One word, two syllables. Fav-ruh.
He is the Iago to my Othello. The Pharaoh to my Moses. The Gargomel to my Papa Smurf. And, as we all know, he is trying to ruin my life.
There has been such an air of celebration since his arrival in the City, such a sense of unbridled glee. And I must confess to having felt a little bit lonely. Was it really the case that I was the only one who felt personally affronted by the fact that Farvil hadn’t just stayed in Wisconsin? Who were these bandwagon Fav-ruh fans, and how did their brains work? Was there an actual thought process that precipitated the donning of the green cheesehead? An internal struggle? A wondering, “Why?” Or merely a willingness to abandon all reason? Whatever the case, I had come to the painful revelation that perhaps, when it came right down to it, I was alone in the world.
But it turns out I was wrong.
You see, someone else in New York was a little less than thrilled to see Pennington displaced by Farvil, and that some was Laveranues Coles. And after weeks of silence on the subject, he has finally decided to tell the media all about it.
Coles has said of his relationship with Pennington that it “goes deeper than just football.” That they have a “special” connection. And anyone who knows anything about Coles knows that he is not reckless in declaring any relationship to be “special.”
In 2005, Coles went on Oprah to reveal that he had been sexually molested at gunpoint by his stepfather. His mom worked the night shift, and his stepfather abused him when she was at her job. Not surprisingly, Coles became angry as he moved into adolescence, acting out his rage in ways that often got him in trouble, occasionally with the law. But truth will out. And it did—thanks to an exceptionally perceptive police officer who suspected that there was something underlying Cole’s rebellion. With some persuading, Laveranues eventually opened up to the cop, and his stepfather was finally put away for nine years.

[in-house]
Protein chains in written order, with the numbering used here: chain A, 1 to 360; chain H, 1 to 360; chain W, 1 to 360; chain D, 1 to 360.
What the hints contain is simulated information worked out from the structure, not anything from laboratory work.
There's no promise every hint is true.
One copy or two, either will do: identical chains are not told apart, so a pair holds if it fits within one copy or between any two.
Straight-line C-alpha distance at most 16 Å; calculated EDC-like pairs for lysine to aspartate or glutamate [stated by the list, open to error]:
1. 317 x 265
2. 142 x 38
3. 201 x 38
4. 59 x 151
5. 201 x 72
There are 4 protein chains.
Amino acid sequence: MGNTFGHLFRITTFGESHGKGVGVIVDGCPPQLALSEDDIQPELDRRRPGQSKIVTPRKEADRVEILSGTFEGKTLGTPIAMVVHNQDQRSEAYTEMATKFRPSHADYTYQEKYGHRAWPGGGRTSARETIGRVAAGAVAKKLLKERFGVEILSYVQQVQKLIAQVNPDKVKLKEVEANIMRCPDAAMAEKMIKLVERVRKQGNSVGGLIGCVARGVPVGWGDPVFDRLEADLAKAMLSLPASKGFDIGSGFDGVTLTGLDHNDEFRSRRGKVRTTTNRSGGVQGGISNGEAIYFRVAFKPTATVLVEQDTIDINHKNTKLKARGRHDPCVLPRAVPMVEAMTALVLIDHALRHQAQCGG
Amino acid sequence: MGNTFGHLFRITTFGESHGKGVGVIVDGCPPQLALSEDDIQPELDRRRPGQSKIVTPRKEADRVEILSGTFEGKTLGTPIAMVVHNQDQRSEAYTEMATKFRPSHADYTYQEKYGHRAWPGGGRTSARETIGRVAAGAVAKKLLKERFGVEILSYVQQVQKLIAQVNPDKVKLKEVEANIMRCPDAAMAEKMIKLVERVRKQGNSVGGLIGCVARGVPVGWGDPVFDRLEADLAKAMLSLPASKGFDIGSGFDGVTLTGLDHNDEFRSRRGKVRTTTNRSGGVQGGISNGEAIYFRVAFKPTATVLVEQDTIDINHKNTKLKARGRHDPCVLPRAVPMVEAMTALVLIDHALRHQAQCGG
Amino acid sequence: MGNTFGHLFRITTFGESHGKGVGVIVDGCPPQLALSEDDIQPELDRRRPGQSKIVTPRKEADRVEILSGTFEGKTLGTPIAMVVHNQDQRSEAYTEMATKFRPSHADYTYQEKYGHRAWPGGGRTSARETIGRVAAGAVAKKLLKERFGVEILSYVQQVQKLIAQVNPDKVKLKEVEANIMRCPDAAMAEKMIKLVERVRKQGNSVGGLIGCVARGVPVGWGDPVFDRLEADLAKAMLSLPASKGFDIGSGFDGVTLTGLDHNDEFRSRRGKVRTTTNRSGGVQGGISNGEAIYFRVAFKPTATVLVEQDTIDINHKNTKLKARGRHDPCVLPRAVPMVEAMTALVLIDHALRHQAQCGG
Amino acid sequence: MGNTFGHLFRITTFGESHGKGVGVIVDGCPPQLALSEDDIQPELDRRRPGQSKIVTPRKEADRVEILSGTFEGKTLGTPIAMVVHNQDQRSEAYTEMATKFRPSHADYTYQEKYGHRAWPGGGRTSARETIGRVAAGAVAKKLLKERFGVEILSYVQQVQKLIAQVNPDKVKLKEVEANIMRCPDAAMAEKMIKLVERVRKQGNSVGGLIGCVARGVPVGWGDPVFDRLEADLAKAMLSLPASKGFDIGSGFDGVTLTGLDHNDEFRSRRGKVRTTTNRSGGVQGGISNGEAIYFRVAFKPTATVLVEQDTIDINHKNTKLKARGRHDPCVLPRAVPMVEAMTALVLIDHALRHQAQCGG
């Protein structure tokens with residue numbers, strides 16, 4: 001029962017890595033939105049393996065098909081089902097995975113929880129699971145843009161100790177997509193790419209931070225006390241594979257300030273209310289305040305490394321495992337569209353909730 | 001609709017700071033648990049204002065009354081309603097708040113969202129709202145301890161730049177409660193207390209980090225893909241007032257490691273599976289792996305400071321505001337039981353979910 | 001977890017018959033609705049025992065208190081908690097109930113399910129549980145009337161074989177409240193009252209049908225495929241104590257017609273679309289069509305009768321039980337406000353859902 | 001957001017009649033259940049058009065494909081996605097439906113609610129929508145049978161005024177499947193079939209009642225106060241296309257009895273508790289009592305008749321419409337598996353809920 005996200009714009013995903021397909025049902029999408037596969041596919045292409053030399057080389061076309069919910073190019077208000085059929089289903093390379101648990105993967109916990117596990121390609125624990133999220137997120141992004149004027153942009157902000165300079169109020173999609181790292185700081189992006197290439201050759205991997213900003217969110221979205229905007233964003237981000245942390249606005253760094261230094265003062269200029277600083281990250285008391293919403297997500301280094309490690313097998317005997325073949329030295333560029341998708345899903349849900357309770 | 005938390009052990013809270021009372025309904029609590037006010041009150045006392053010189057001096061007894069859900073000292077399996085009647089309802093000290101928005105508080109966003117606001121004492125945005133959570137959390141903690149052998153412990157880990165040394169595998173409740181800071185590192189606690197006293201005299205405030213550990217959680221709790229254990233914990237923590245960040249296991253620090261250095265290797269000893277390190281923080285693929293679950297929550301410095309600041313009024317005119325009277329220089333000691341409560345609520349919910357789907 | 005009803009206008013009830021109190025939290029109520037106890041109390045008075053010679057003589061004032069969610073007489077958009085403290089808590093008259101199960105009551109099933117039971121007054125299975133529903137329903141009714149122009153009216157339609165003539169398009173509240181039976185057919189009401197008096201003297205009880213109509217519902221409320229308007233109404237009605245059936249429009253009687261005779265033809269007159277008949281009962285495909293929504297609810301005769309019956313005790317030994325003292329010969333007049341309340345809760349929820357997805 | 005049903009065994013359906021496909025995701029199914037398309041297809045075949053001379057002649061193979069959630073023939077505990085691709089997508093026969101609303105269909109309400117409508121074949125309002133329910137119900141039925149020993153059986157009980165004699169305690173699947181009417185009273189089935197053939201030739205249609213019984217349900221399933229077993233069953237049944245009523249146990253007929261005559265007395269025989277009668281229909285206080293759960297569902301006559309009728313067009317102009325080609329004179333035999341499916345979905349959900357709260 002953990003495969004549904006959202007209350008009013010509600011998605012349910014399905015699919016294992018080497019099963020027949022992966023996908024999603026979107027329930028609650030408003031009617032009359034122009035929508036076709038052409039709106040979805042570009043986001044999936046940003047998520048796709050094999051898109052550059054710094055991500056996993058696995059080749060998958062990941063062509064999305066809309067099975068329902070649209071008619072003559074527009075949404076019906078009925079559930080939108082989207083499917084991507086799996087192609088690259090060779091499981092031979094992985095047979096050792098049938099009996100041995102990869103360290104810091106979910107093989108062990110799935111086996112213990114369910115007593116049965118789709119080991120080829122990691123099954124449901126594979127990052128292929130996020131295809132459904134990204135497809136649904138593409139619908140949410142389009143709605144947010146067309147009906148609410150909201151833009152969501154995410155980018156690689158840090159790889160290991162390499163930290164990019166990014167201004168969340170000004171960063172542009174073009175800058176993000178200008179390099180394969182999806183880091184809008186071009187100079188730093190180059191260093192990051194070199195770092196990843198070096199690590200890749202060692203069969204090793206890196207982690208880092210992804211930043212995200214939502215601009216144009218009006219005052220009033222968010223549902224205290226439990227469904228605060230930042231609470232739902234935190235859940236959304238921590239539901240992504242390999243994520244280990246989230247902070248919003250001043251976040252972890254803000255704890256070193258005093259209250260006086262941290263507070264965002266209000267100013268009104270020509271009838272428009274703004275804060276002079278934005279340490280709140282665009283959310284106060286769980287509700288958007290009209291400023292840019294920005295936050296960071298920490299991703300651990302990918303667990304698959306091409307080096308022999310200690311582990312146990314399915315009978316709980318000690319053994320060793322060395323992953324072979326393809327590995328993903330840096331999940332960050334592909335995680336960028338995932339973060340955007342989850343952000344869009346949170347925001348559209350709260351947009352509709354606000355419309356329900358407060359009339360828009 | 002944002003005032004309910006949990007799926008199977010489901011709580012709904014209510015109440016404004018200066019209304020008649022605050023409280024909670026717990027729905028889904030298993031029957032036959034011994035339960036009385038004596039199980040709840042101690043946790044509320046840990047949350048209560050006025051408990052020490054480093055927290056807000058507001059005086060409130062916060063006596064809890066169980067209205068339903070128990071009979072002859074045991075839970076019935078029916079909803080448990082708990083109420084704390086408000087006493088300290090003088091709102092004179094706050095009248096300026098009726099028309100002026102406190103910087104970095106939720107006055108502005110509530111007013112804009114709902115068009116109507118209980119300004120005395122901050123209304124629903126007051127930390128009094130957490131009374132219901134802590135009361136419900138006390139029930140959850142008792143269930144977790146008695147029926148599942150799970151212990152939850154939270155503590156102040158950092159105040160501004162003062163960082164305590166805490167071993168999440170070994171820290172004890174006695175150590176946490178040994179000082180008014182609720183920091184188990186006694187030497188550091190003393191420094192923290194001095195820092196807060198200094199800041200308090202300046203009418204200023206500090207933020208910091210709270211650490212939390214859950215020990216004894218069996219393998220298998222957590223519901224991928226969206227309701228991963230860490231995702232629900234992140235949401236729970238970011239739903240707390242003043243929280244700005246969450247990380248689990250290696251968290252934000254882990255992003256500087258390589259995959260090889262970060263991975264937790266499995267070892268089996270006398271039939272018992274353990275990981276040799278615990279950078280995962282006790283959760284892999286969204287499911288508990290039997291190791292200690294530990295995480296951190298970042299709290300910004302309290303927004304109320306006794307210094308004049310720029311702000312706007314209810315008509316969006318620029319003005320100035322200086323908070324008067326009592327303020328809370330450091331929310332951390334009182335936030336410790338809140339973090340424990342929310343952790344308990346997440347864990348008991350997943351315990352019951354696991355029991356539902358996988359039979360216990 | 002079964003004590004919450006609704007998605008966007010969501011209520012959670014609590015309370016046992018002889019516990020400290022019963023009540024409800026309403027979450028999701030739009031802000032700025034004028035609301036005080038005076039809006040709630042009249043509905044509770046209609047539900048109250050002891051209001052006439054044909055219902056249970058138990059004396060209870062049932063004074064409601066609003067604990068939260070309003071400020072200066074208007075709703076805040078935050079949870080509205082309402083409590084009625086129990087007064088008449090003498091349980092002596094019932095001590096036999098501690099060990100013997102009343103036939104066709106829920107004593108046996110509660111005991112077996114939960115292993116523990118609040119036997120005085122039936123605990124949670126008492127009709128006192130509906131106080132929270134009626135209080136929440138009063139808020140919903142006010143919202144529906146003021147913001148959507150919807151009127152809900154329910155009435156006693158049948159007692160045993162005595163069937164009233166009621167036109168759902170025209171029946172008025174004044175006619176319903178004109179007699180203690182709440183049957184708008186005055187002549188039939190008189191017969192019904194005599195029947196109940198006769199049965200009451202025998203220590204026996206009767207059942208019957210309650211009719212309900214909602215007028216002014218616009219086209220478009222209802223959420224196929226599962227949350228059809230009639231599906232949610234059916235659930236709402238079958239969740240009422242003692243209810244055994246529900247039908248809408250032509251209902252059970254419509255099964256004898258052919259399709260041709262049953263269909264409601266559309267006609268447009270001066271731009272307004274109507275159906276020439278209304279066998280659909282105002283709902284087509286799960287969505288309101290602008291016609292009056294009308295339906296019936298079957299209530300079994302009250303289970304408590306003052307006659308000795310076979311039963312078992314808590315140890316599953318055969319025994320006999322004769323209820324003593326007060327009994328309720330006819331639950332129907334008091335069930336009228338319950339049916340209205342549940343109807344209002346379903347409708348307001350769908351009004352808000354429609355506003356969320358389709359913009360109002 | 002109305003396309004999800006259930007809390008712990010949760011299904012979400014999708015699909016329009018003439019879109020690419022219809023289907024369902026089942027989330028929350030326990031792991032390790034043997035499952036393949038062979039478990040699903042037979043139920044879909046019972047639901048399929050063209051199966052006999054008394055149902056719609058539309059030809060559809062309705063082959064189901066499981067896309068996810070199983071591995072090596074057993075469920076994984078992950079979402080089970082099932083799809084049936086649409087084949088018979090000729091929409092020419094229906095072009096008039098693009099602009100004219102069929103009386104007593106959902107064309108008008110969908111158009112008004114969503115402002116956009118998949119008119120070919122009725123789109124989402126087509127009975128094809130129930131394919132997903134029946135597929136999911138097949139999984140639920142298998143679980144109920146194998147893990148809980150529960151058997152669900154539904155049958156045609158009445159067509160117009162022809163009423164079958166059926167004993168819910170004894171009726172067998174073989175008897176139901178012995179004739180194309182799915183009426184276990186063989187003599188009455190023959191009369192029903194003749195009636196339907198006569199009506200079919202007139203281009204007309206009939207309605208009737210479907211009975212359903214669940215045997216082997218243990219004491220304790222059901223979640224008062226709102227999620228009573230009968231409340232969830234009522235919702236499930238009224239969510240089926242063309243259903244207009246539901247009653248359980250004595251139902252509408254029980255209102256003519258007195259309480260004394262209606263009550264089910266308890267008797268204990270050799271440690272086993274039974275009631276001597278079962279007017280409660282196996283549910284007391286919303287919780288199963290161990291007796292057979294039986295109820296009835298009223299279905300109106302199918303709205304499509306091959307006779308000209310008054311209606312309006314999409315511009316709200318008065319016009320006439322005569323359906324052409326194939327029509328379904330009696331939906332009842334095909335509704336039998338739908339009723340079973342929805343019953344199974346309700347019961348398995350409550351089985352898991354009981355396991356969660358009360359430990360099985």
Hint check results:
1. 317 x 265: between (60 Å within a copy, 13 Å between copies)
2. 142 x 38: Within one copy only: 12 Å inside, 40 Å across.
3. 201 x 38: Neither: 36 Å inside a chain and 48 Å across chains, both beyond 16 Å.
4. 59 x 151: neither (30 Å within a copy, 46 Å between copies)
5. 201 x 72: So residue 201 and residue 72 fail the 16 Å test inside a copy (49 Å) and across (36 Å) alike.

Laveranues was deeply traumatized by the events of his childhood. He went through his life as a loner, confiding in few people. "If I had a problem, I dealt with it internally," he said. "I was in my own little world for a long time." Clearly, it is in Coles’s nature to want to conceal himself, so his decision to go on Oprah is a tribute to his character and bravery. He said that, as a public figure, he felt it was his duty to speak out. "Here I am, a professional athlete, with the opportunity to say something and maybe reach one child that this is happening to, and give him the courage and the strength to come out and say 'this is happening to me and this is wrong.'"
Since his stepfather's arrest, Coles and his mother had never discussed the abuse until the two of them went on the show together. But if anyone was going to get then talking, it was Oprah. I won’t rehash the details for you, but let’s just say, there was a lot of healing. I mean, obviously—Oprah.
Despite the fact that Coles is described as winsome and likable by his teammates, he still has a tendency to keep people at bay. In 2006, he built himself an $8 million dollar home made of concrete, which he described as a “place where he could hunker down.” One got the sense that he was attempting to build a physical fortress—using one of the most impenetrable of all materials—to protect himself. Coles has said, “I try to extract myself from reality.” Considering what he’s been through, and how it has shaped his experience of the world, it’s not so hard to understand.